Chronic Stress, Poor Diet May Up Metabolic Risk

Larry Hand

May 05, 2014

For the first time in humans, a small study has shown that chronically stressed women whose diet contains high-fat and high-sugar foods are more vulnerable than low-stressed women who eat the same foods to metabolic health risks, including abdominal fat and insulin resistance.

If the association is confirmed in interventional studies, the finding suggests that increasing stress-resilience skills might improve on interventions to treat metabolic syndrome and obesity, which have reached epidemic proportions.

"In order for scientists and doctors to give the public better and more reliable answers about what they can do about their stress, we need support for this kind of research — how stress and resilience training affects biology," first author Kirstin Aschbacher, PhD, assistant professor of psychiatry at the University of California, San Francisco (UCSF) told Medscape Medical News.

The study was published online April 12 in the journal Psychoneuroendocrinology.

Inspired by a 2007 research article that associated stress with development of fat gain and metabolic syndrome in mice, primarily through activation of neuropeptide Y (NPY), Dr. Aschbacher and colleagues conducted a case-control study comparing 33 postmenopausal caregivers as the high-stress group with 28 age-matched, low-stress women.

The high-stress group consisted of women caring for a spouse or parent with dementia for an average of 4.7 years.

Participant characteristics included a mean age of 62 years and a median income of $70,000 to $79,000; 66% had a bachelor's or advanced degree, and 80% were white.

The participants self-reported their dietary consumption on food frequency questionnaires, and both groups reported eating high-fat/high-sugar foods.

Researchers took fasting blood samples from participants at UCSF and measured abdominal fat through dual-energy X-ray absorptiometry.

They also measured NPY levels in plasma.

Participants underwent a 3-hour oral glucose test immediately after their fasting blood draws.

All measures were taken at baseline and 1 year later and largely remained at the same levels because of the high stability of outcomes over time.

The high-stress group reported a mean time of caregiving of 13.6 hours a day, compared with no hours of caregiving for the low-stress group.

The chronically stressed group did not report a significantly higher consumption of high-fat, high-sugar foods than the low-stress group, but providing more hours of care per day in the high- stress group was associated with more high-fat, high-sugar food consumption (P = .03) and had significantly higher levels of NPY (P = .001). Controlling for age, physical activity, and medication use, the researchers found that higher consumption of high-fat, high-sugar foods was associated with greater activation of NPY and waistline circumference (P = .02), truncal fat (P = .01), and insulin sensitivity (P = .04), but not levels of 8-hydroxyguanosine, a marker of RNA oxidation (P = .40).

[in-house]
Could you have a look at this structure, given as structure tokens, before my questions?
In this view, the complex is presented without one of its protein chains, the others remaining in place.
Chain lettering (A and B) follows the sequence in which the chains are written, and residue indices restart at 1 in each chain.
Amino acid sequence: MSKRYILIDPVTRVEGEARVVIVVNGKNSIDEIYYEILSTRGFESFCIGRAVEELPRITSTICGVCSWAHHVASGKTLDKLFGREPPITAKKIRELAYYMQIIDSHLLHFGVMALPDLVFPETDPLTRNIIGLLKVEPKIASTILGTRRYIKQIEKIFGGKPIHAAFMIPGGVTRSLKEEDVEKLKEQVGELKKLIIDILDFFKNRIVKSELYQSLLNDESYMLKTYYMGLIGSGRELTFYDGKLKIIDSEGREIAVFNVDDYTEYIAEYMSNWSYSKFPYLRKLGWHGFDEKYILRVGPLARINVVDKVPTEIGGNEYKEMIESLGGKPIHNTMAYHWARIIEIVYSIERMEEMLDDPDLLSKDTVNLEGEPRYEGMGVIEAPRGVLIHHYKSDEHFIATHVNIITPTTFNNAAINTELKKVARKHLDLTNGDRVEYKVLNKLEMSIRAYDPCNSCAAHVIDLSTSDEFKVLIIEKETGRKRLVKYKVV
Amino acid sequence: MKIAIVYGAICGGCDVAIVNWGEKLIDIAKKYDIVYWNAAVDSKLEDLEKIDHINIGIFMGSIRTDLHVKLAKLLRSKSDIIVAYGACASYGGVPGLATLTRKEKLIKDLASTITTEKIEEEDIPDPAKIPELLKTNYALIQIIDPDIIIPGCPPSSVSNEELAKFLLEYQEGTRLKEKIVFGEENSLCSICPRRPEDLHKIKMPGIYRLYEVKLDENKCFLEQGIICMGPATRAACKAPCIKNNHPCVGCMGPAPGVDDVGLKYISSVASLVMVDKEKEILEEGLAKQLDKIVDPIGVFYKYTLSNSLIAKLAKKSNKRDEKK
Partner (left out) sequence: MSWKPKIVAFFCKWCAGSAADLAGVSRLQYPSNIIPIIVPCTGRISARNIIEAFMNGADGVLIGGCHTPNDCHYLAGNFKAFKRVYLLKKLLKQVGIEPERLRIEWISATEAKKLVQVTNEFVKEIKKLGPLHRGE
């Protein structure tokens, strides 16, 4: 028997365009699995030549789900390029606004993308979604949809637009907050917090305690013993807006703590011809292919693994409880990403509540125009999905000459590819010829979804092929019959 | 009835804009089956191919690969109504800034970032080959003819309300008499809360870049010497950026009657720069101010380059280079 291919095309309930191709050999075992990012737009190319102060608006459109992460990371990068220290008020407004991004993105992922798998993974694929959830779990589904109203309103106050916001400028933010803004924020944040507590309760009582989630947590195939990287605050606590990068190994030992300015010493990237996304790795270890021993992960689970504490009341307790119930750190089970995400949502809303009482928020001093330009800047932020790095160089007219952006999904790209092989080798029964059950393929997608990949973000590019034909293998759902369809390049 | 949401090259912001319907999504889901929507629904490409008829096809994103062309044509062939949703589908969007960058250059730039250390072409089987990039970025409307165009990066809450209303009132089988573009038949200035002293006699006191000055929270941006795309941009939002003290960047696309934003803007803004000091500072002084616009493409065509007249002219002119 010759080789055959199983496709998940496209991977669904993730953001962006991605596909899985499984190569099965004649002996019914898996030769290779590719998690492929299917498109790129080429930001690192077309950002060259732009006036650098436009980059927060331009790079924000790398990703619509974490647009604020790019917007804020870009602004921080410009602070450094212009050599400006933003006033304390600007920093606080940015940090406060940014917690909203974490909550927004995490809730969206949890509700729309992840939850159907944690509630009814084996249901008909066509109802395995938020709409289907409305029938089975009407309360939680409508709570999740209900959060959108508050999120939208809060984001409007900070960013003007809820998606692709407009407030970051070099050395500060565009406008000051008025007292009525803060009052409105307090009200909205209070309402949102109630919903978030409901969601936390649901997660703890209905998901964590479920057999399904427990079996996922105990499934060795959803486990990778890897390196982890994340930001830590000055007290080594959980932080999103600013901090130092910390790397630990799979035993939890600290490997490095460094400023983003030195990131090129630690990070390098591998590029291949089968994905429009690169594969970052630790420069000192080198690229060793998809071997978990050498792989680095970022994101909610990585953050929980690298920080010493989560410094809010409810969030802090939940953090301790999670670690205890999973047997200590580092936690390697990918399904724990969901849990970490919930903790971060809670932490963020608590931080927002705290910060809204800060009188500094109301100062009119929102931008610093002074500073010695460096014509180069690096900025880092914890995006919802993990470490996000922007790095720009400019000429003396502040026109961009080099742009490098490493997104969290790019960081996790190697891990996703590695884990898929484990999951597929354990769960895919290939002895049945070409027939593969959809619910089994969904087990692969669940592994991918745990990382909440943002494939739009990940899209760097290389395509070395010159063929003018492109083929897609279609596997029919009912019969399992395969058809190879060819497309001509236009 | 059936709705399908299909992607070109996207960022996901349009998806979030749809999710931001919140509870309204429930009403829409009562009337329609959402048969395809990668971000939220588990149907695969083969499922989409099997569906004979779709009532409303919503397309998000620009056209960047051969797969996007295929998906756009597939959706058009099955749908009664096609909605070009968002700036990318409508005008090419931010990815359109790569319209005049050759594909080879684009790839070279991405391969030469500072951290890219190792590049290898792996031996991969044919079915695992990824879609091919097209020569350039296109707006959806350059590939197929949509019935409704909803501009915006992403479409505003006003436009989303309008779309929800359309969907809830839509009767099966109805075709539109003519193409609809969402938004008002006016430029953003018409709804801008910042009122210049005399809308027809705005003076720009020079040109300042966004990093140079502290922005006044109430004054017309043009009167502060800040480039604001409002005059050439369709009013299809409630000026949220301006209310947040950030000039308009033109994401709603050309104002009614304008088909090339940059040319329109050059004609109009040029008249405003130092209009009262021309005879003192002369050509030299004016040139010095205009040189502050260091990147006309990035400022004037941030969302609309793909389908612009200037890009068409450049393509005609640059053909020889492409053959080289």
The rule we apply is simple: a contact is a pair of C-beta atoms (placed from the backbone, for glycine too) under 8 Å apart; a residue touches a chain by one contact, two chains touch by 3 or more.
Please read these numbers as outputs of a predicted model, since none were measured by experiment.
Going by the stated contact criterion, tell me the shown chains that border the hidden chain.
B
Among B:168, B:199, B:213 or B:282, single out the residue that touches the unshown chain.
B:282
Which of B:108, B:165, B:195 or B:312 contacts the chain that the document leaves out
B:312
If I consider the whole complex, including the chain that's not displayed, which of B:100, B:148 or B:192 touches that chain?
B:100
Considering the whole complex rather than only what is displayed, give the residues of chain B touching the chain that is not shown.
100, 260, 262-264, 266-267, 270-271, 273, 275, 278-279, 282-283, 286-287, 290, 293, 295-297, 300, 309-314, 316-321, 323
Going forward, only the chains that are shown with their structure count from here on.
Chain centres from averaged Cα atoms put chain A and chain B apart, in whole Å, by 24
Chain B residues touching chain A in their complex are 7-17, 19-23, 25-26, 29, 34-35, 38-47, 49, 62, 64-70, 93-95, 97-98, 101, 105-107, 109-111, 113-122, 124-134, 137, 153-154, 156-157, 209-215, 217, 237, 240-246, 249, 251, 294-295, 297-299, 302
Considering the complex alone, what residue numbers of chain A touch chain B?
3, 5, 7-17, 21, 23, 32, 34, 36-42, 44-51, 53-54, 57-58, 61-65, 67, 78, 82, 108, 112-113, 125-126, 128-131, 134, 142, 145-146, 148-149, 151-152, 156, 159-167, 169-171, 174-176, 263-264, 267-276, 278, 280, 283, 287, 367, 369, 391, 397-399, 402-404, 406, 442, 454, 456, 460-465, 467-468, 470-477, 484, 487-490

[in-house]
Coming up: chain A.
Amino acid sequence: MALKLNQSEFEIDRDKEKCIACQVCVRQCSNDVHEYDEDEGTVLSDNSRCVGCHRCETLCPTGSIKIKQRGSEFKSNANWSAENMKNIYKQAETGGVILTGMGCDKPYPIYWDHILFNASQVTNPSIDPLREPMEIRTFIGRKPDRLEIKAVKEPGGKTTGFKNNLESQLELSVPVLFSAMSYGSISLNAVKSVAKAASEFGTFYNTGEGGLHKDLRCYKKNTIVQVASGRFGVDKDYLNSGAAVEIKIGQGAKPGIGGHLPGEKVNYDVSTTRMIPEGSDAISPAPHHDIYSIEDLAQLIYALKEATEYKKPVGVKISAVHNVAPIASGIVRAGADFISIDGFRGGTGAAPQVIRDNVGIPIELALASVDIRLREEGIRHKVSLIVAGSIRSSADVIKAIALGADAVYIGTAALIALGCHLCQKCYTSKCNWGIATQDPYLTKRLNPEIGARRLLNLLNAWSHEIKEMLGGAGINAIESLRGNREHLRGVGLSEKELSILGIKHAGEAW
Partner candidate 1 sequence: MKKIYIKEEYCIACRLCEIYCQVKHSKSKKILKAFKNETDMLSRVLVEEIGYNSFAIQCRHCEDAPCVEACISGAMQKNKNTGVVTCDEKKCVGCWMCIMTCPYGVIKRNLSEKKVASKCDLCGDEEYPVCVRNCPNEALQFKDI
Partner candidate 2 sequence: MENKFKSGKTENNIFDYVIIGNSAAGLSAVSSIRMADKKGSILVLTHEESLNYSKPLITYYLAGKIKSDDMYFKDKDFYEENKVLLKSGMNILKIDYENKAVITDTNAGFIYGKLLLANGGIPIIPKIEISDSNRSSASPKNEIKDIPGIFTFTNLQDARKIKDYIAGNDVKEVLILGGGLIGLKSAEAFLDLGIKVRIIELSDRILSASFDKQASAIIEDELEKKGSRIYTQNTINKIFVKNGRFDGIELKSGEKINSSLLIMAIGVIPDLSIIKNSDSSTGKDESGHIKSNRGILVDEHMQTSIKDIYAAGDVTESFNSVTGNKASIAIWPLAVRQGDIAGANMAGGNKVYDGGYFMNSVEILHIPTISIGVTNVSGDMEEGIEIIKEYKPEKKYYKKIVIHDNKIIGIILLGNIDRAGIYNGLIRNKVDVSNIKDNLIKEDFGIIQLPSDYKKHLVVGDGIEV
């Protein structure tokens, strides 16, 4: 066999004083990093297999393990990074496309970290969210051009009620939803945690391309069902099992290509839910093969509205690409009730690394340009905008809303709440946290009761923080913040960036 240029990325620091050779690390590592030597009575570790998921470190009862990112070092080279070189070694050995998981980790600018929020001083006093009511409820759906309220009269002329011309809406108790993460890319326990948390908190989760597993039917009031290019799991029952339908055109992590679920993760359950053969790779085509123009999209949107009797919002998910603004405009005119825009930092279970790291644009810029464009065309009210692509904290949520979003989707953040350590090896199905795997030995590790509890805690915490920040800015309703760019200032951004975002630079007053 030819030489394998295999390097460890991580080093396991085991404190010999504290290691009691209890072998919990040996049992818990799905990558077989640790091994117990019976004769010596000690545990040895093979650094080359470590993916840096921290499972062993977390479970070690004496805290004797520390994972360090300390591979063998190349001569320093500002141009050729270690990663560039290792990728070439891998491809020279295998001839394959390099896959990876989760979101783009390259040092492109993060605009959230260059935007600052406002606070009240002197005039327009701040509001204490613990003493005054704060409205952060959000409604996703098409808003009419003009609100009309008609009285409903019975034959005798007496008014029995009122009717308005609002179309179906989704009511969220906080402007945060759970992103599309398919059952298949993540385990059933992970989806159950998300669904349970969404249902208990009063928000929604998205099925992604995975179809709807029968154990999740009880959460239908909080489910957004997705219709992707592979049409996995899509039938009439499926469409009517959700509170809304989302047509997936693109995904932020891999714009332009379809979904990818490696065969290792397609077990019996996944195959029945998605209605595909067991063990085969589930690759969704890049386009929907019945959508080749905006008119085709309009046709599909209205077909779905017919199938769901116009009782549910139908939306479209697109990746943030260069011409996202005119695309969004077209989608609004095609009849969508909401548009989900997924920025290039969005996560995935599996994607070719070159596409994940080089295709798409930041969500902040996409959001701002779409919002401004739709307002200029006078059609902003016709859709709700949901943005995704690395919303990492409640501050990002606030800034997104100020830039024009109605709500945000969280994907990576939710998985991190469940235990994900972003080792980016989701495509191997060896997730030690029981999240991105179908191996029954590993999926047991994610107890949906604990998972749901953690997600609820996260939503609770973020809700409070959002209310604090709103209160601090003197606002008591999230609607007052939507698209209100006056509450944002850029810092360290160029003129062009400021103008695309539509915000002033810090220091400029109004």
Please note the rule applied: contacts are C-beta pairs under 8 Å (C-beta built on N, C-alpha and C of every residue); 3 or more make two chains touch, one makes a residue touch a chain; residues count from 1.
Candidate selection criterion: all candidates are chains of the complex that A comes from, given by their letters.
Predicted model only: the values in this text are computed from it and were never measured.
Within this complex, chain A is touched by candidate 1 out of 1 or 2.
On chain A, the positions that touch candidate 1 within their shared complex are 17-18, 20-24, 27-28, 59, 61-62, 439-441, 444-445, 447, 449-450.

"Our data are the first to demonstrate in humans that the synergistic combination of chronic stress along with consuming more high-fat/high-sugar foods was associated with significantly worse metabolic outcomes and greater waist circumference," the researchers write. "[T]his study represents a critical step needed to justify considerably more resource-intensive studies involving feeding paradigms, multiple daily dietary assessments, and biomarkers for macronutrient consumption."

An independent expert agrees. "Now is exactly when we need this kind of research. A lot of prior research has really focused on one thing at a time. I really think this kind of study is so valuable because we are not just in a bubble where you're stressed. Now I'm in a different bubble where I'm hungry. This kind of tie-in that looks at the interaction of all of these factors is so important," A. Janet Tomiyama, PhD, assistant professor of psychology at the University of California, Los Angeles, told Medscape Medical News.

"They took this really interesting finding in rodents and are actually bringing it the human arena, which I think is already a huge step forward in terms of making it relevant to everyday people. It makes us more confident that it is a mixture of stress and food that is contributing to this [reduced] metabolic health," she continued.

She added that an intervention into the types of foods eaten while stressed could be done quickly. "We don’t reach for celery when we're stressed. We reach for brownies and potatoes. We're really far from [a treatment] still. But one place that combines the 2 factors [stress and diet], is where we could — I think tomorrow — create an intervention."

"When you have diabetes, doctors know what to measure in your blood to see whether your treatments are working," Dr. Aschbacher said. "But right now there's no consensus about what biological measures we should use to judge whether or not a stress management program is really working to improve your health.

"When you look at guidelines published by some of the leading organizations, the focus for metabolic health is really on diet and exercise. I hope that in the future, stress management will become integrated as an important part of good preventative care," she added.

This research was supported by the National Institutes of Health, the Marchionne Foundation, and the Institute for Integrative Health. The authors and Dr. Tomiyama have reported no relevant financial relationships.

Psychoneuroendocrinol. Published online April 12, 2014. Abstract

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